All claims expressed in this article are solely those of the authors and do not necessarily represent those of their affiliated organizations, or those of the publisher, the editors and the reviewers. Any product that may be evaluated in this article, or claim that may be made by its manufacturer, is not guaranteed or endorsed by the publisher.
The authors would like to thank two reviewers for valuable feedback on a previous version of this paper.
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Keywords: advance care planning (ACP), ethics, digital health adoption, patient preferences, patient-centered care, health care improvement
Citation: Biller-Andorno N and Biller A (2021) The Advance Care Compass– A New Mechanics for Digitally Transforming Advance Directives. Front. Digit. Health 3:753747. doi: 10.3389/fdgth.2021.753747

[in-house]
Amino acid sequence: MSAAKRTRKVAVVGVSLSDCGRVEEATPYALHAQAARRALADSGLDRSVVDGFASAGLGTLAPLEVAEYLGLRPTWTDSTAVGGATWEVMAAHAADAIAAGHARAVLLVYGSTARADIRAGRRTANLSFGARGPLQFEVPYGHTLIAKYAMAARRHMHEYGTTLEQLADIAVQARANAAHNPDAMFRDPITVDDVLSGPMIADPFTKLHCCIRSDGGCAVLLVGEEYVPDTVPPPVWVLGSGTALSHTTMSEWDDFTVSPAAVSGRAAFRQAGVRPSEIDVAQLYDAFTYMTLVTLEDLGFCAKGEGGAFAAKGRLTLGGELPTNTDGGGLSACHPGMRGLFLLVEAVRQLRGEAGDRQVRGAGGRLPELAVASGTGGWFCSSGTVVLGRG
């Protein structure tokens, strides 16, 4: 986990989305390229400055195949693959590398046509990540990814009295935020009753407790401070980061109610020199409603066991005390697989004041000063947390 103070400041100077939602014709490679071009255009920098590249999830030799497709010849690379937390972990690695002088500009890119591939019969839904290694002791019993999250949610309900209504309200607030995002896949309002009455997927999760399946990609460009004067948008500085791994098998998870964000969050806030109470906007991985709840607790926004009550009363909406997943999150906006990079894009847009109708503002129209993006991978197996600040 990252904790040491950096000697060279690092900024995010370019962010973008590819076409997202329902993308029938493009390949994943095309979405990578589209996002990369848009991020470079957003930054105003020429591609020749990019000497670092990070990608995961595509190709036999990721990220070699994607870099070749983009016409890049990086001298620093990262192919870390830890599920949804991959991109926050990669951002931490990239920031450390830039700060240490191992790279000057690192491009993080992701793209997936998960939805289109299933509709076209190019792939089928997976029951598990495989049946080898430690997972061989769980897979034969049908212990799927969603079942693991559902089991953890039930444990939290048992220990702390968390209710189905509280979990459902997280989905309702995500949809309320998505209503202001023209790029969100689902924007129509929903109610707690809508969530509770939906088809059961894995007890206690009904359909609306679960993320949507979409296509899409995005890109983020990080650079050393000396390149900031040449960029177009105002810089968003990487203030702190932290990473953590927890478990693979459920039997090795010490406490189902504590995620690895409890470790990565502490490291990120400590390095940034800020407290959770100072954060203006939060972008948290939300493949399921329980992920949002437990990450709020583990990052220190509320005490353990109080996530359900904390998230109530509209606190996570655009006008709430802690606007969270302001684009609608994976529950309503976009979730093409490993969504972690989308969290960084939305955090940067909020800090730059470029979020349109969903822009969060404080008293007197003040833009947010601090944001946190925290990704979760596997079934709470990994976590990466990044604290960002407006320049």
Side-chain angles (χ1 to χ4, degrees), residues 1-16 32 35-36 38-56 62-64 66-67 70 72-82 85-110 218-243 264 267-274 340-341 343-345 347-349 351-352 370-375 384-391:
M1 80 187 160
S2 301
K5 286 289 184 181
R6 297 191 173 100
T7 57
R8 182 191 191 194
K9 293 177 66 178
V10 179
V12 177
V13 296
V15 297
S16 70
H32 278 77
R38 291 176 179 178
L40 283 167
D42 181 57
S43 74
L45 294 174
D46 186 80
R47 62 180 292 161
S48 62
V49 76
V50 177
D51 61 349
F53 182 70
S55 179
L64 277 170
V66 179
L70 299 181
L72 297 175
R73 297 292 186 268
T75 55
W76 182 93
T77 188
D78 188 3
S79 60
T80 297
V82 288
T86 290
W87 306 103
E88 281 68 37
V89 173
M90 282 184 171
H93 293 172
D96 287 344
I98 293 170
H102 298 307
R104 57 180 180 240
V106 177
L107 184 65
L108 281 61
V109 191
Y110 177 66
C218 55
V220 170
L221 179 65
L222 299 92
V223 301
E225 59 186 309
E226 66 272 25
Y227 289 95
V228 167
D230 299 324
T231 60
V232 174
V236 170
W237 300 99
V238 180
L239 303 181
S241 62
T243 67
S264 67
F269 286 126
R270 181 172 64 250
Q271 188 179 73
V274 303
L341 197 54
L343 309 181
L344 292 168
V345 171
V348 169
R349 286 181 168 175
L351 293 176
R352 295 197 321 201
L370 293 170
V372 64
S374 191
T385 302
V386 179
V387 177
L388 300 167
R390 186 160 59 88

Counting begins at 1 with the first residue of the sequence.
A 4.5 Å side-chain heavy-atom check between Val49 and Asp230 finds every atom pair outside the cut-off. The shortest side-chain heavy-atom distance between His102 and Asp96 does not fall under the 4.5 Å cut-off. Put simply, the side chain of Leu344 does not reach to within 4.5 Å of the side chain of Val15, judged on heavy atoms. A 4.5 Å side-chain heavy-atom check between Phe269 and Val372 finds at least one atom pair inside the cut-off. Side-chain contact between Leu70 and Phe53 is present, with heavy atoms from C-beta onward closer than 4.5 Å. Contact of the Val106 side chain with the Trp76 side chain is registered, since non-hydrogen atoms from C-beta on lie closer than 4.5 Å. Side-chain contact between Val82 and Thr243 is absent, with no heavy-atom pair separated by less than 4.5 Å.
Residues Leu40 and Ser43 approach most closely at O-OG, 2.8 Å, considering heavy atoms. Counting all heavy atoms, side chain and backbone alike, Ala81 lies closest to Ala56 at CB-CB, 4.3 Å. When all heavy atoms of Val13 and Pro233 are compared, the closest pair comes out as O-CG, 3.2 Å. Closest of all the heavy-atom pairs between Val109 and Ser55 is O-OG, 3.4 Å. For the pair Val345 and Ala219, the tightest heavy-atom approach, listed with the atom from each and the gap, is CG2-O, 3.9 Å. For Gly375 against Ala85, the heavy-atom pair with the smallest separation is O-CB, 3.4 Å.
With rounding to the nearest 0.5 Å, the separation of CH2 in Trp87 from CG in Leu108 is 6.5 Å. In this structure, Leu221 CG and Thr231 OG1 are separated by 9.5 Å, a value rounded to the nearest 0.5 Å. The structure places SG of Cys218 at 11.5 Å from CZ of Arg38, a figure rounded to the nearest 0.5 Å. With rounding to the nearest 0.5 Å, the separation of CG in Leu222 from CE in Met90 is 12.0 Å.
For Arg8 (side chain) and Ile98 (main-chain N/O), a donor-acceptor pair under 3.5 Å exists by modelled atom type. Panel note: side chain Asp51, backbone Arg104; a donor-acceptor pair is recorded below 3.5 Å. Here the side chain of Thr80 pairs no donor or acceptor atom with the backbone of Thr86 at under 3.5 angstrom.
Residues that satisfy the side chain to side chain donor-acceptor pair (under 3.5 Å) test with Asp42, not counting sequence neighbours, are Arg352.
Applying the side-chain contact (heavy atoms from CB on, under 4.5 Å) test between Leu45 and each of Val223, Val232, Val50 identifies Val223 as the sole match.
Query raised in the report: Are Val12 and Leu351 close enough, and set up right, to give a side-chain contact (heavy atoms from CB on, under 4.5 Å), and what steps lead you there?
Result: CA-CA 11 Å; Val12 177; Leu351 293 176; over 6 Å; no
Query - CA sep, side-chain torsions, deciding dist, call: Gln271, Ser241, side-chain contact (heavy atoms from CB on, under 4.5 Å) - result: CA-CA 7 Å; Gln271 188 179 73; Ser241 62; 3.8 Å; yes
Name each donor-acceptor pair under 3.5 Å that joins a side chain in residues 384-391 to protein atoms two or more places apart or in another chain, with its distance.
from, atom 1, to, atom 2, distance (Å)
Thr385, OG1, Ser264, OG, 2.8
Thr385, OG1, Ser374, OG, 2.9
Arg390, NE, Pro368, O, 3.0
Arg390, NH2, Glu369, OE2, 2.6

Received: 05 August 2021; Accepted: 13 September 2021;
Published: 15 October 2021.
Edited by:Niranjan Bidargaddi, Flinders University, Australia
Reviewed by:Naveen Muthu, Children's Hospital of Philadelphia, United States
Michael Musker, South Australian Health and Medical Research Institute (SAHMRI), Australia
Copyright © 2021 Biller-Andorno and Biller. This is an open-access article distributed under the terms of the Creative Commons Attribution License (CC BY). The use, distribution or reproduction in other forums is permitted, provided the original author(s) and the copyright owner(s) are credited and that the original publication in this journal is cited, in accordance with accepted academic practice. No use, distribution or reproduction is permitted which does not comply with these terms.
*Correspondence: Nikola Biller-Andorno, firstname.lastname@example.org